Titian’s Danaë from the Capodimonte Museum, Naples

Where: National Gallery of Art

When: through November 2, 2014

There's a lot going on in this fabulous painting on loan from the Capodimonte Museum in Naples, in honor of Italy's year holding the Presidency of the European Union.  Sex, money, a horrified angel - who could ask for anything more?

This Titian is part of his series of paintings in the genre of erotic mythology; two other pieces are contained in the museum's permanent collection and on display in a gallery not far from the lobby were the Danaë is hanging.  The subject matter is quite explicit; no doubt depicting a woman from the ancient myths allowed Titian to make female nudity the centerpiece of this work without turning it into a "dirty picture."

And explicit is a good word to describe this work.  This Danaë is no shrinking violet; she seems quite welcoming of the attentions of Jupiter.  Is this because she's interested in him, or is his appearance as a rain of gold coins behind her desire?  Is Titian depicting many a man's concern: that a woman is more interested in his bank account than in him?  Is the artist suggesting that all women are to some extent prostitutes, happy to give in to a man's desire in exchange for access to his wallet?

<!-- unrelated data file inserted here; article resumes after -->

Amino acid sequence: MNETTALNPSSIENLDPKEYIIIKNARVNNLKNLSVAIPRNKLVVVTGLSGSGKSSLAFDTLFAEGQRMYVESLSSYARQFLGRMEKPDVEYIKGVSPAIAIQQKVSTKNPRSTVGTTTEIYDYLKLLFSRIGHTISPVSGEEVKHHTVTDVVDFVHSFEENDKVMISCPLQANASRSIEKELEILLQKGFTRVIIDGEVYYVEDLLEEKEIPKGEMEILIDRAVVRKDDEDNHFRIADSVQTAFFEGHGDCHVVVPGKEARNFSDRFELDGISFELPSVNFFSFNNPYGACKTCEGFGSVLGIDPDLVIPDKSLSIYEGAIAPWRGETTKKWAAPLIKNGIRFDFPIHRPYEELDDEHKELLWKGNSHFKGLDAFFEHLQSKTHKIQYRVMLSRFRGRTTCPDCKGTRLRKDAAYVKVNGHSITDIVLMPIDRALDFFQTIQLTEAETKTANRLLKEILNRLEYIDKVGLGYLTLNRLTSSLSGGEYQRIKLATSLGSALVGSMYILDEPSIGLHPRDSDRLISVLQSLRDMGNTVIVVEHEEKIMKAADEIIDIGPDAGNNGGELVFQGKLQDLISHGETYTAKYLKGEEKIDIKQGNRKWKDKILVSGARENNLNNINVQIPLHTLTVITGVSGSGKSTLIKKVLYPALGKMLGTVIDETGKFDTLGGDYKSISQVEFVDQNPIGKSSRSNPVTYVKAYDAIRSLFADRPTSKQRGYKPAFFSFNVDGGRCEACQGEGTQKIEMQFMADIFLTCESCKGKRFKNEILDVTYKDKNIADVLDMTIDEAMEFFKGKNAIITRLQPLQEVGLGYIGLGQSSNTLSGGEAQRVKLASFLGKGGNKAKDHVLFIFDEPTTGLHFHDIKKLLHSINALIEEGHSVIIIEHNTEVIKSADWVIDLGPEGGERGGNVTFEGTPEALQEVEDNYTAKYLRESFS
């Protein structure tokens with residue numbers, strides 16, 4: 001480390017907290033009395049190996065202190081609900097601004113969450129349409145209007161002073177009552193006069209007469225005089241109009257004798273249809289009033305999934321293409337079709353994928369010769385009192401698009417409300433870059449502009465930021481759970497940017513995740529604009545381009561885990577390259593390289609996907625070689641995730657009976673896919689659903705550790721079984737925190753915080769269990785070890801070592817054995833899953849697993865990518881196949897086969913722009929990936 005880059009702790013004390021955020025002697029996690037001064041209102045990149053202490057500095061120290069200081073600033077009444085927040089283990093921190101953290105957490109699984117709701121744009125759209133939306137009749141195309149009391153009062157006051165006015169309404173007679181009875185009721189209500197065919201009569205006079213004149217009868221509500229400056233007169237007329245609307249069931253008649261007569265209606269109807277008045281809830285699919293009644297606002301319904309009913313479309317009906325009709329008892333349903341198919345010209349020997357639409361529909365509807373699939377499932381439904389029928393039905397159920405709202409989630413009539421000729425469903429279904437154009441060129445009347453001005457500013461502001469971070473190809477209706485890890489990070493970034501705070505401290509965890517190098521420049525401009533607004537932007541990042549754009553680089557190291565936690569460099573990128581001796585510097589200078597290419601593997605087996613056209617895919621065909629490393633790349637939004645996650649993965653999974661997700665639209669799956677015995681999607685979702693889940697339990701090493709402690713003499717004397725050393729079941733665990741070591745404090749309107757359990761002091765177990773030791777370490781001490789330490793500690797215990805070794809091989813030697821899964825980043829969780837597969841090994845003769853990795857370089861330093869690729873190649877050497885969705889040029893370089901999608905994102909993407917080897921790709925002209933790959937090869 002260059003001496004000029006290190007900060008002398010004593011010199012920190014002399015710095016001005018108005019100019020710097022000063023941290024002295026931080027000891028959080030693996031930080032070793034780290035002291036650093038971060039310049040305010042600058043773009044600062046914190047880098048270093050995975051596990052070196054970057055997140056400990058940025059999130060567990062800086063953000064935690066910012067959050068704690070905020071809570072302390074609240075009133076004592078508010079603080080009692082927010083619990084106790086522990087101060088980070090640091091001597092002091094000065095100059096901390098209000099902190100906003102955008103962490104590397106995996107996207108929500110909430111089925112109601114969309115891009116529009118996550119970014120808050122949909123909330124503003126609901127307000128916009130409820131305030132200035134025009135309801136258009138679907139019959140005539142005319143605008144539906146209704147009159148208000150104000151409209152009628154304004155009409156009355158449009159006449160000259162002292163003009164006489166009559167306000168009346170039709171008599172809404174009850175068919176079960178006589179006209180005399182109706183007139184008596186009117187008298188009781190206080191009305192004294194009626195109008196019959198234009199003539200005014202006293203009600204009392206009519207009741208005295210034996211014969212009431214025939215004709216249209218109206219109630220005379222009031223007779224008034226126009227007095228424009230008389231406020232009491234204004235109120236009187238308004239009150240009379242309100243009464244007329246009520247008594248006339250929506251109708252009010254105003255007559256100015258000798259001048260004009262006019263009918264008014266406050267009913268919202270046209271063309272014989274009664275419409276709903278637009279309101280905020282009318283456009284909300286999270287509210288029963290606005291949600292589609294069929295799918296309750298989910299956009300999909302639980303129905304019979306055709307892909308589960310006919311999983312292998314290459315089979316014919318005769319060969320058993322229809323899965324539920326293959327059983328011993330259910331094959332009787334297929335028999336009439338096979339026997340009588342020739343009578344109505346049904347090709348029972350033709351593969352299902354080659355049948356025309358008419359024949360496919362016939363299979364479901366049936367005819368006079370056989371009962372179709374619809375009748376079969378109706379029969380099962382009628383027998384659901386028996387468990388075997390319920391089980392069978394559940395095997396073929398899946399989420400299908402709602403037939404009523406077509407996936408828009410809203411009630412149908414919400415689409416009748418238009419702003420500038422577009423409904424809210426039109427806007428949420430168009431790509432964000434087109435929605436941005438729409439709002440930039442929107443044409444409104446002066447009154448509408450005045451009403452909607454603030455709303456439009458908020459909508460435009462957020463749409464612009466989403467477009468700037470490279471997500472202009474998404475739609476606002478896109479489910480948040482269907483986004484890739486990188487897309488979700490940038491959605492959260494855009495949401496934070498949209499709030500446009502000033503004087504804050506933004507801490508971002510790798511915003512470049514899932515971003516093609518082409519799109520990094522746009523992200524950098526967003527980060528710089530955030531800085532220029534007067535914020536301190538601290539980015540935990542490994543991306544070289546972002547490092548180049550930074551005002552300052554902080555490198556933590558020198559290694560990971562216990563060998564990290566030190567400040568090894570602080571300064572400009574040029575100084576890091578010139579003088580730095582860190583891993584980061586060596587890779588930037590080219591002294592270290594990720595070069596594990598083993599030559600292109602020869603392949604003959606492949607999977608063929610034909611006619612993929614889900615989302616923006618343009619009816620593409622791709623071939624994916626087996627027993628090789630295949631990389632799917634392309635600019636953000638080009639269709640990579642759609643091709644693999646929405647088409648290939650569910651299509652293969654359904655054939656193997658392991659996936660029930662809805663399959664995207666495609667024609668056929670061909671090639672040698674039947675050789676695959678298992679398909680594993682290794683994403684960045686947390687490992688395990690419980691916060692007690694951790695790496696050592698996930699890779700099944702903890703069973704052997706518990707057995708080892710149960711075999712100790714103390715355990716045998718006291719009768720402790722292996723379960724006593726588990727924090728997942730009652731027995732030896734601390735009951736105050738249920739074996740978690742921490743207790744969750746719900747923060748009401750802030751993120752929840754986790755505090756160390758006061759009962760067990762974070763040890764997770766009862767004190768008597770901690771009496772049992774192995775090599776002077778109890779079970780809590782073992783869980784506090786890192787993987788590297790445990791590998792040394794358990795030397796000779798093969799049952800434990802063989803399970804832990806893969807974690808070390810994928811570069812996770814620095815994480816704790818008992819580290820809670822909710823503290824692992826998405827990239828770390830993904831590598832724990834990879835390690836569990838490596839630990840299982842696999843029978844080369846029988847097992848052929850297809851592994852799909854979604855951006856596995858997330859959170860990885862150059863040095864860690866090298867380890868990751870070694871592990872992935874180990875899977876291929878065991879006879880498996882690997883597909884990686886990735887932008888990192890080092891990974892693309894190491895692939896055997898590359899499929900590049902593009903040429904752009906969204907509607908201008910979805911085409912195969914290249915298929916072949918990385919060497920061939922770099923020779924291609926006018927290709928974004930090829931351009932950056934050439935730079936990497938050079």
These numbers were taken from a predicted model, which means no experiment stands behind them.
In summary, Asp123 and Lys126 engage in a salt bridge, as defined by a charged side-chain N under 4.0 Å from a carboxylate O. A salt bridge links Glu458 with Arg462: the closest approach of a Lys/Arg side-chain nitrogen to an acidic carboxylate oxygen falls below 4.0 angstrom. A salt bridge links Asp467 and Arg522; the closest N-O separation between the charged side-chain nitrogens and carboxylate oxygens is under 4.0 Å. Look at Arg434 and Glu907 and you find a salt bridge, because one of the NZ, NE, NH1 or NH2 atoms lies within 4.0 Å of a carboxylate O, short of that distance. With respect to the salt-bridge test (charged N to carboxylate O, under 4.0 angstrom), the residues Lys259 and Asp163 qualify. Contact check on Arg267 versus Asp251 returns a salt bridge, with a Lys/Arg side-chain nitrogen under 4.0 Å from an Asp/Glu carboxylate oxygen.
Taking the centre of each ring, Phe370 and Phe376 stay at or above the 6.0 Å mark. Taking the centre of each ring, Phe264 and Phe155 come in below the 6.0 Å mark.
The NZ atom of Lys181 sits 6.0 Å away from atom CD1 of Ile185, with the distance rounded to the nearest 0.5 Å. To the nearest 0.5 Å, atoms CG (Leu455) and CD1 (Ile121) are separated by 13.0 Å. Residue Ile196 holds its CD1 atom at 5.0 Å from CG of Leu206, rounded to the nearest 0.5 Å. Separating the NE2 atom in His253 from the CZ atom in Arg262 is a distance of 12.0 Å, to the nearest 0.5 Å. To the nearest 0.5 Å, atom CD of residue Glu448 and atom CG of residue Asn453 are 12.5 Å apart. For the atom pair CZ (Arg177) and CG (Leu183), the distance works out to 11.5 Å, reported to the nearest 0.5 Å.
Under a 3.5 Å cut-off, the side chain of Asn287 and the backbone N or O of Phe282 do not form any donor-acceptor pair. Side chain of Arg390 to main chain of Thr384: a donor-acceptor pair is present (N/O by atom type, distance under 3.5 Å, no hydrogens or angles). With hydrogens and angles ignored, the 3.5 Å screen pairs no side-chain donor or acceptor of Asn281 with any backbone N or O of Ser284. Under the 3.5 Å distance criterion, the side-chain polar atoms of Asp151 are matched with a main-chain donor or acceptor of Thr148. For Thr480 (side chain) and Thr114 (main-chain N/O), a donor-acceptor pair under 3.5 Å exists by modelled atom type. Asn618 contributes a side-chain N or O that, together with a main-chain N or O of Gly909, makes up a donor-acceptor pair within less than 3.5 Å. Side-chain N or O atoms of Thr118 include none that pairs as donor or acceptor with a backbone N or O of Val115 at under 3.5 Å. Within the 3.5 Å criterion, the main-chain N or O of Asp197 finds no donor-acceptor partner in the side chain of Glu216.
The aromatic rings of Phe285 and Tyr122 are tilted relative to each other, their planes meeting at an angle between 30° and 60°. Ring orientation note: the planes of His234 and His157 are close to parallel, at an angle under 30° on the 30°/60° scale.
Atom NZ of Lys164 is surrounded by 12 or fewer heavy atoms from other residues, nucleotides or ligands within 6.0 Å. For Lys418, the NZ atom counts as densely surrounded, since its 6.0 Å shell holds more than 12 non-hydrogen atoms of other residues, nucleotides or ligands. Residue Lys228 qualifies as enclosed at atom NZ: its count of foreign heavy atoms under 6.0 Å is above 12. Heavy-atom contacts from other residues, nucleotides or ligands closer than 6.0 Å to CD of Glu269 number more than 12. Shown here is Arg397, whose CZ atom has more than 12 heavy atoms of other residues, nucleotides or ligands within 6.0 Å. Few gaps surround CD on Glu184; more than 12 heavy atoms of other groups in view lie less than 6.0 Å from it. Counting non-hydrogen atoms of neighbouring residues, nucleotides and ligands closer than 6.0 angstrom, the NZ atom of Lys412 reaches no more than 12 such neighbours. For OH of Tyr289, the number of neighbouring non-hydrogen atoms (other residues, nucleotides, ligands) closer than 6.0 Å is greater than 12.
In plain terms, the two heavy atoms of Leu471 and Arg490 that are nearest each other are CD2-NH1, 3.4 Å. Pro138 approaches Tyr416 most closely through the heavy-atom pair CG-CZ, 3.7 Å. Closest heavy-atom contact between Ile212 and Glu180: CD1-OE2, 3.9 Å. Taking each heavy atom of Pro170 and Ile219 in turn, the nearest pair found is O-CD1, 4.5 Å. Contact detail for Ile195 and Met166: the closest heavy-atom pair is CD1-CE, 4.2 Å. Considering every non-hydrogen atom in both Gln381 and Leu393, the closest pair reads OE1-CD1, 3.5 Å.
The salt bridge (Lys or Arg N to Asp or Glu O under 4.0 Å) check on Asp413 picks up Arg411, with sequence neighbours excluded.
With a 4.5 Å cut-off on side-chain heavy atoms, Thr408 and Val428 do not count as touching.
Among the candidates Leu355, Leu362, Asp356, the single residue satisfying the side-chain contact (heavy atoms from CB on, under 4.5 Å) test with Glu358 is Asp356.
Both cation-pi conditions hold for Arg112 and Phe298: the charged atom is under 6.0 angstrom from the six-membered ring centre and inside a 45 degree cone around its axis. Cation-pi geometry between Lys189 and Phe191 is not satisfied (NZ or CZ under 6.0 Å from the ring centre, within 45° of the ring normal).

My favorite part of the piece is the Cupid standing next to Danaë.  The expression on his face is priceless and in stark contrast to that on the face of the woman.  Where she looks with undisguised longing, his face is a mixture of horror and shock.  One can almost hear him remonstrating with Danaë, urging her to cover herself and leave the bed.  Good luck with that little friend; I think this is a lost cause.

Verdict: Don't miss this piece while it's visiting from Italy.  From a purely historical perspective, it's quite interesting to see a painting rescued by the Monuments Men (it had been hidden in an Austrian salt mine).  Also, it's a fantastic painting of a very attractive woman - something for everyone!